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Handling People’s Reactions

Elderly Asian woman.Remember how hard it was for you the first time you heard you had cancer or saw your face in the mirror after surgery? Remember the powerful mix of negative emotions you felt? It may not be easy to accept, but the people in your life, even strangers, may have a similar experience at first. If you have a visible disfigurement, you can pretty much count on unwelcome attention, comments or questions from time to time. Even people who have very positive feelings toward you and nothing but goodwill in their hearts can inadvertently reveal shock or dismay when they first see your scars, or blurt out a comment or question that comes across as insensitive or hurtful to you. Try to be understanding and patient with them if you can. It can certainly be difficult, particularly when you’re not feeling well or you’re struggling with your own emotions. But if people are trying to have a conversation with you about your scars, it means they are interested in your story and are not rejecting you. You could consider that a positive.

Handling rude, insensitive or hurtful reactions

It is normal to feel irritated, angry or hurt when people stare at you, ask intrusive personal questions, express pity for you or reject you outright because you look different.1Lebel S, Castonguay M, Mackness G, Irish J, Bezjak A, Devins GM. The psychosocial impact of stigma in people with head and neck or lung cancer. Psycho-Oncology. 2011 Sep 19. Even if they are polite, you may feel it’s simply none of their business. It is okay to be selective about whom you speak to about your disfigurement and your cancer experience. Simply tell curious people politely that you’d rather not talk about it and change the subject or signal your desire for quiet.

Expect that not everyone will react in an ideal or compassionate way. Ignorance can lead to fear and stigmatization, and some people are just plain mean.1Lebel S, Castonguay M, Mackness G, Irish J, Bezjak A, Devins GM. The psychosocial impact of stigma in people with head and neck or lung cancer. Psycho-Oncology. 2011 Sep 19. The negative behavior of others will certainly cause you distress. Your impulse might be to hide from the public after a particularly painful incident with a rude stranger.2 Hagedoorn M, Molleman E. Facial disfigurement in patients with head and neck cancer: the role of social self-efficacy. Health Psychol. 2006 Sep;25(5):643-647. Resist this urge. You need to be able to function in public settings for your own emotional health and well-being.3 Callahan C. Facial disfigurement and sense of self in head and neck cancer. Soc Work Health Care. 2004;40(2):73-87.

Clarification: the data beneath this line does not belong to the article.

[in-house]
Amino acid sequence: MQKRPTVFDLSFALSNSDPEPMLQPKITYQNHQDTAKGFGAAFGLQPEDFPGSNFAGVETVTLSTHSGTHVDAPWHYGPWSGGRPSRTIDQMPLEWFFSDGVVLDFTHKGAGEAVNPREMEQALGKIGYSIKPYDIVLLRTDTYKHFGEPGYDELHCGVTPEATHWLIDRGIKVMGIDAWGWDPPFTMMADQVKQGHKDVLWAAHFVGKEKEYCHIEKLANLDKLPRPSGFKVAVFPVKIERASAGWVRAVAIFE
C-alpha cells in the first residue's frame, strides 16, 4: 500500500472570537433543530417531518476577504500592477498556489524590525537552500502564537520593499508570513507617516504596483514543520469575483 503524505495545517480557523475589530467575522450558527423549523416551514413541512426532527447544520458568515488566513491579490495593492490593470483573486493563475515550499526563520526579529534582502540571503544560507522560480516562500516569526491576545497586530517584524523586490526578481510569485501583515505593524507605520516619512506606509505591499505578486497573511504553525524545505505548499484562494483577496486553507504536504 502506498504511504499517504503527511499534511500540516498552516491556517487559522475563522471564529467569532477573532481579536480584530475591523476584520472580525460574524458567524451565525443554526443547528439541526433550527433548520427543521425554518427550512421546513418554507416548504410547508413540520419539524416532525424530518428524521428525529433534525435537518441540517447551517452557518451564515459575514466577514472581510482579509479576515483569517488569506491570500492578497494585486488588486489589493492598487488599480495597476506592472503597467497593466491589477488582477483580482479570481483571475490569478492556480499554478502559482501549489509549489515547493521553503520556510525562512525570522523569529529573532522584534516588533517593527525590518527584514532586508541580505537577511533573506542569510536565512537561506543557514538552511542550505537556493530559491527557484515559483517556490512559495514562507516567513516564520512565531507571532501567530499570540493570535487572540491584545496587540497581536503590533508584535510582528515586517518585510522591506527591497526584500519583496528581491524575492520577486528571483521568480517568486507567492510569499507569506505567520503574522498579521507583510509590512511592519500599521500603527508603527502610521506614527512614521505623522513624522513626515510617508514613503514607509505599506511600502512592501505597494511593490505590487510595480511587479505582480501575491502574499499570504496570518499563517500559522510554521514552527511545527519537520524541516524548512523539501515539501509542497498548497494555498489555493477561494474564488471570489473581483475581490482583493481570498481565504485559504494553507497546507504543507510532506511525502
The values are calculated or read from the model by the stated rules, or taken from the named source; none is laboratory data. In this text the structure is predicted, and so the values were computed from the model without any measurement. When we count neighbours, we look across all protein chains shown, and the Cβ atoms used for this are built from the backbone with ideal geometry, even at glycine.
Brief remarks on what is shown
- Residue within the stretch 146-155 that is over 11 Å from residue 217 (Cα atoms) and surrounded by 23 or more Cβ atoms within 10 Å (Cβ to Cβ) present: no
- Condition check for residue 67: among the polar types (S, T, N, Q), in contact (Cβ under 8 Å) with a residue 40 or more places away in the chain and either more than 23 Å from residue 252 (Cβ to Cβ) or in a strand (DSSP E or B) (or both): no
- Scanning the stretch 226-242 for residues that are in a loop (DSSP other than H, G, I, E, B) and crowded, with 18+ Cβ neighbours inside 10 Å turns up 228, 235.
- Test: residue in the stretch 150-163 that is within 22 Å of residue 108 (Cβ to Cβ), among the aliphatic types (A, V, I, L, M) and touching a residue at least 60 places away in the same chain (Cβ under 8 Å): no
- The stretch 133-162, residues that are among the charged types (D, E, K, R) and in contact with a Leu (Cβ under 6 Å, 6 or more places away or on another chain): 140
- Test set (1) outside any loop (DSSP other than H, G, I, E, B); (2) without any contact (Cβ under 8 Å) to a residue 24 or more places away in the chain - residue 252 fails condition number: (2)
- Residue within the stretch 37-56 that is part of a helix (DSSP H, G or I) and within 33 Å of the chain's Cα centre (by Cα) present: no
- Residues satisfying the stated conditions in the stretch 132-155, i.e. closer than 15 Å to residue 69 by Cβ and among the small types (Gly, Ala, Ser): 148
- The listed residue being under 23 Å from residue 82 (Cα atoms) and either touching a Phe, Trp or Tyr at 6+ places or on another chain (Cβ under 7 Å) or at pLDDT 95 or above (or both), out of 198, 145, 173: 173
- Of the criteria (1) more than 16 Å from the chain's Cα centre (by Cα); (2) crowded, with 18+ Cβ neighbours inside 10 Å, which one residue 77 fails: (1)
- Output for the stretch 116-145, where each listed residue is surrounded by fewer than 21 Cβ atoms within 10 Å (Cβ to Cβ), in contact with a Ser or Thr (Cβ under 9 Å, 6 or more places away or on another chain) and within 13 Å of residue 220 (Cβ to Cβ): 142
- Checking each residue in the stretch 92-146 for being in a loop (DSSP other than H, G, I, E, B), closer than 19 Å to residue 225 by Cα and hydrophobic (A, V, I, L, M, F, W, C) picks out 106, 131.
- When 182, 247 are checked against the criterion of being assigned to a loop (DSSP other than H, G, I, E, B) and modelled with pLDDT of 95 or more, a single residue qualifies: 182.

When you experience a very negative reaction from someone, decide if you want to engage with the person or walk away. Though you may not want to spend your time educating others about head and neck cancer and its treatments, know that equipping others with reliable information about your condition will help them to understand and will build their empathy and tolerance for you and others. This can be particularly true for children who may simply be too socially naive to know that pointing out your disfigurement or loudly expressing a negative opinion about it is rude and hurtful. So if you see value in engaging with people whose reactions upset you, by all means do so. It might make you feel better. If you do not wish to engage, or sense it will do no good, just walk away and let it go. Try not to dwell on your anger or hurt feelings if people stare at you or say hurtful things about your appearance. It is their problem, not yours. You are a proud survivor, and you should not waste your time or emotions on the ignorance of cruel strangers.